The way was clear for the Soviet armour to rush the bridge,
sadly the order did not get through.

And on the right the Soviets almost reached the objective,
but were held back by the concentrated desperate fire of the Hitler Youth.

And so close on the left...

Two of the Nazi commands had broken, but without the Soviets reaching any of the objectives the game was a draw.

BKC is a funny abstract system, but it certainly works.

Thanks Richard for organising the game.  It's great to see all those fabulous minis on the table.

A Successful Sassanid Affair

My Early Macedonian Successors fought the Sassanids...

Mark B's Sassanids face my Greeks on very open terrain.

My skirmishers only got one dice, but what a beauty.
The enemy threw the same for their cohesion.  Sad.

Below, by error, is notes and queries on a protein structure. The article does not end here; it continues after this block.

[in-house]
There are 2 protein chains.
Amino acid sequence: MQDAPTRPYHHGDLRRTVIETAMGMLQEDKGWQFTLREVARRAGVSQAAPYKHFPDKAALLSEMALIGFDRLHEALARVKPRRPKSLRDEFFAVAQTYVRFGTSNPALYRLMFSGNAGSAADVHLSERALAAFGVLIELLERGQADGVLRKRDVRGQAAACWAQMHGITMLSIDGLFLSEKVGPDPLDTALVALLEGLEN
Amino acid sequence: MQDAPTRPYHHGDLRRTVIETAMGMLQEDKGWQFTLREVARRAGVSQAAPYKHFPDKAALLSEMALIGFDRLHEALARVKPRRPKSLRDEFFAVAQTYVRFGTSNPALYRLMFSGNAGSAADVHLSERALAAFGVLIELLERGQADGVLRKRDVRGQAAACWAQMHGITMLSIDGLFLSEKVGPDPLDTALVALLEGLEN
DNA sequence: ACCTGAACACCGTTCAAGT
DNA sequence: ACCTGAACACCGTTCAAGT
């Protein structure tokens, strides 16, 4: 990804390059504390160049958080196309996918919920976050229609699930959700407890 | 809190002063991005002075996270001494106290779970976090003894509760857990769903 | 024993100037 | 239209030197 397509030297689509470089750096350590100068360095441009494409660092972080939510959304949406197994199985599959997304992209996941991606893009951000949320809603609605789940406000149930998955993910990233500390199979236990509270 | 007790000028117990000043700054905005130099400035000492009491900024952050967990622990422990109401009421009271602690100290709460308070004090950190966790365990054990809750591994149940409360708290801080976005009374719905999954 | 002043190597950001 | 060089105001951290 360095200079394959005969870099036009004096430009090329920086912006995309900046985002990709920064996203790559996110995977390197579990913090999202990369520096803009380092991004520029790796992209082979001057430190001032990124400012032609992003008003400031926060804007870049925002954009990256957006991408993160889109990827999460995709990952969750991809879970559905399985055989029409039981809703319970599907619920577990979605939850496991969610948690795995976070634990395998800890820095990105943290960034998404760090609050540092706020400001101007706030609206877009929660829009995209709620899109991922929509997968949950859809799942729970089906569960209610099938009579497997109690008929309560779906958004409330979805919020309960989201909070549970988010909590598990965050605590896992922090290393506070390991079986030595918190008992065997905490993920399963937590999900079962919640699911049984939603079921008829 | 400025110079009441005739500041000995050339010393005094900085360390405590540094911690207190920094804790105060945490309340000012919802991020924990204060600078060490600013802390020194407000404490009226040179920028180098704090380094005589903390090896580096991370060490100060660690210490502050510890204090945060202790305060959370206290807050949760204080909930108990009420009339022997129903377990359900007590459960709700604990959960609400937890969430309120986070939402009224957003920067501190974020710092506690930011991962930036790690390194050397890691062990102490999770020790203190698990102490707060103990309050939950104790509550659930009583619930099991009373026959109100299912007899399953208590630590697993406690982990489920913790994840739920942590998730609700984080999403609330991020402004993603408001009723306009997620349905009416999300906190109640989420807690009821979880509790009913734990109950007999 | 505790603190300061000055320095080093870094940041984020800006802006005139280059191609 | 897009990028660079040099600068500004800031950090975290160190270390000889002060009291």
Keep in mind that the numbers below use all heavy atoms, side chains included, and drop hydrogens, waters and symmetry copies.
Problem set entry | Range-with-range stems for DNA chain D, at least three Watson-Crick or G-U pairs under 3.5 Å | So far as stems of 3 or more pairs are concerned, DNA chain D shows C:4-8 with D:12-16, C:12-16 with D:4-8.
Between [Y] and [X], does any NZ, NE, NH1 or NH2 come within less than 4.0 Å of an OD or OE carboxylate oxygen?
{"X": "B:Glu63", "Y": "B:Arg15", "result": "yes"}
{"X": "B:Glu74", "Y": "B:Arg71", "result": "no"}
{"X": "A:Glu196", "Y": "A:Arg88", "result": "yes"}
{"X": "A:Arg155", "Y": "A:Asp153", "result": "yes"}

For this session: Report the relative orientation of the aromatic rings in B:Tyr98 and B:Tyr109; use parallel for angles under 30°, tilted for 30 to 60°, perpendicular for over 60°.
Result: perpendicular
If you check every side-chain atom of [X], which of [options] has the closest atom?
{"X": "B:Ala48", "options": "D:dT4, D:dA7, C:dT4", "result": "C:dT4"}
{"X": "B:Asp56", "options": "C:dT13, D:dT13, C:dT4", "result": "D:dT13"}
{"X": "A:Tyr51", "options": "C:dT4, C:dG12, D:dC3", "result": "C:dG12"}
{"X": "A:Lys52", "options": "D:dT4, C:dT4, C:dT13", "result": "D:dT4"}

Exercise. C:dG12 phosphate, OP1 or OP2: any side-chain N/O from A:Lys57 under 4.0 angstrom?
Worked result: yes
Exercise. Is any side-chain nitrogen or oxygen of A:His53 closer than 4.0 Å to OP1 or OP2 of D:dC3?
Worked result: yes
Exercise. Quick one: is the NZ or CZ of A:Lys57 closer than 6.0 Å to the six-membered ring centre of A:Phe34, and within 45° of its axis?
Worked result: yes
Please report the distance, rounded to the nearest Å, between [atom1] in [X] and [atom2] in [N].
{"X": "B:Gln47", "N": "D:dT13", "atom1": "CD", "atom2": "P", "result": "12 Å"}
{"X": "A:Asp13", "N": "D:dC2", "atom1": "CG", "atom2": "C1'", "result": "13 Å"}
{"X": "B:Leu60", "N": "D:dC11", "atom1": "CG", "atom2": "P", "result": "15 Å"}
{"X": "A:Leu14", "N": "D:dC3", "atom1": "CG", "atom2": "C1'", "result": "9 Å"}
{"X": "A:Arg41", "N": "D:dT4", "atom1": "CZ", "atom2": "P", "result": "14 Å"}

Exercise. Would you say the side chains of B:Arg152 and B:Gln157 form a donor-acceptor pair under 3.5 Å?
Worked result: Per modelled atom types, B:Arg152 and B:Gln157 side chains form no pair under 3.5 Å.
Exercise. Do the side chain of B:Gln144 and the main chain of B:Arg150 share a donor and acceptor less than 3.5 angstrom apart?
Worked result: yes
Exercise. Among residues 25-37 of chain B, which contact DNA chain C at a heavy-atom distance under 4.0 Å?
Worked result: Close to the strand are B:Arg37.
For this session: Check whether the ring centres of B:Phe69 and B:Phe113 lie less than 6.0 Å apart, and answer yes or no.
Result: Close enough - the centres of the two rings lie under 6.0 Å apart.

The two armies jostling for position.

My skirmishers covering my left evade as best they can,
while on my right I send my cavalry to out flank the enemy.

This unit of skirmishers survived a charge by heavy cavalry and then by elephants.
Maybe there was some terrain after all.  
Repeatedly throwing 1's for Cohesion bought my army time.

My centre grinds on.
Its flanks protected by peltasts.

Briefly... both units of peltasts got mauled, 
but my cavalry came good.

And my Thracian peltasts miraculously dealt with the elephants.

But my pike won the day causing the Sassanid foot to flee.

Sunday, March 19, 2017

Military Modelling Magazine 1971-1984